Egypt urges Britain to stop selling 32 ancient artifacts

Egyptian Prosecutor General Nabil Sadek has appealed to the British Public Prosecution to halt the sale of 32 ancient Egyptian artifacts expected to be auctioned at Christie’s hall in London on July 3 and 4.

According to judicial sources on Thursday, the prosecution requested the seizure of the antiquities in preparation to return them to Egypt, in accordance with Egyptian laws on protecting antiquities and relevant international conventions.

The Egyptian Antiquities Ministry submitted communication to the Prosecutor General’s office to take the necessary judicial action in stopping the sale.

Antiquities Minister Khaled al-Anani previously called on the National Committee for Retrieved Antiquities for an emergency meeting last Tuesday, in the presence of Nabil Arabi, former Secretary-General of the Arab League, Mahmoud Talaat, Assistant Minister of Foreign Affairs for cultural relations, and representatives from the Ministry of Justice, Public Prosecution.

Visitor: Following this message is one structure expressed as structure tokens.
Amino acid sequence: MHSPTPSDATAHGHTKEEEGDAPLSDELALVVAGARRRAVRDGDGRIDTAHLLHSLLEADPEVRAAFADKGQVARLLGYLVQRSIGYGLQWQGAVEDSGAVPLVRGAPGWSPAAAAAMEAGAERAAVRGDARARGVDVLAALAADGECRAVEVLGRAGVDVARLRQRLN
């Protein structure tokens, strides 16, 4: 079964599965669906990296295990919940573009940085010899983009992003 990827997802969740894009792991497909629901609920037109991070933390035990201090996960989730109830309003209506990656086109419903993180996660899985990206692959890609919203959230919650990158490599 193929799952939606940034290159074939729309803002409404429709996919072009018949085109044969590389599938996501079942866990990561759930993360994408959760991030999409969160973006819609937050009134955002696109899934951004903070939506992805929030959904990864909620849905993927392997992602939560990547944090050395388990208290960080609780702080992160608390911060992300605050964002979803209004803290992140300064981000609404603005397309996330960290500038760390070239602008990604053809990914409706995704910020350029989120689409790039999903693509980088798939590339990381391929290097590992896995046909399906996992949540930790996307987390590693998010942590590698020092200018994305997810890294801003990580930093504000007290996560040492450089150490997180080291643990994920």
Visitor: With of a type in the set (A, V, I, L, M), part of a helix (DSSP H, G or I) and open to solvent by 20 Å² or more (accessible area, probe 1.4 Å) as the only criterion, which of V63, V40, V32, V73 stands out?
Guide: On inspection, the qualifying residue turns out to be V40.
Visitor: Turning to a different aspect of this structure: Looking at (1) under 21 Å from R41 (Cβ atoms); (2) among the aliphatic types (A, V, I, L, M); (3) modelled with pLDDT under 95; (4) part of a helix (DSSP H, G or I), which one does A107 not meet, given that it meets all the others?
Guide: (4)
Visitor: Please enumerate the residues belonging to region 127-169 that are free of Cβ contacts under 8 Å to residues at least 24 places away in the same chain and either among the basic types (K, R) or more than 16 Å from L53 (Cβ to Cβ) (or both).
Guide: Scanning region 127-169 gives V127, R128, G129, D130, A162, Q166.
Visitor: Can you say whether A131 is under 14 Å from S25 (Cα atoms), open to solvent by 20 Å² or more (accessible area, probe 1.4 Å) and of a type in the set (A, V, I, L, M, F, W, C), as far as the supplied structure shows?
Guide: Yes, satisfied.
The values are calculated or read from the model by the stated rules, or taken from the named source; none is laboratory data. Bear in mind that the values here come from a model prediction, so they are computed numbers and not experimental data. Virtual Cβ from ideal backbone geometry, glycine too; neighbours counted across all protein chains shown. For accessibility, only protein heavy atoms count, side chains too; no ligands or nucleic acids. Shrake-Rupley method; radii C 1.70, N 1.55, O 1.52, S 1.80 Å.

The meeting discussed follow-up measures taken to stop the sale and recover the items including a 3,000-year-old stone bust of King Tutankhamun, according to the auction catalog.

The Ministries of Antiquities and Foreign Affairs have addressed the auction hall, the United Nations Educational, Scientific and Cultural Organization (UNESCO) and the British Foreign Office to stop the procedures for the sale and seizure of the pieces, and requested the documents of ownership, and restoring them.

Edited translation from Al-Masry Al-Youm

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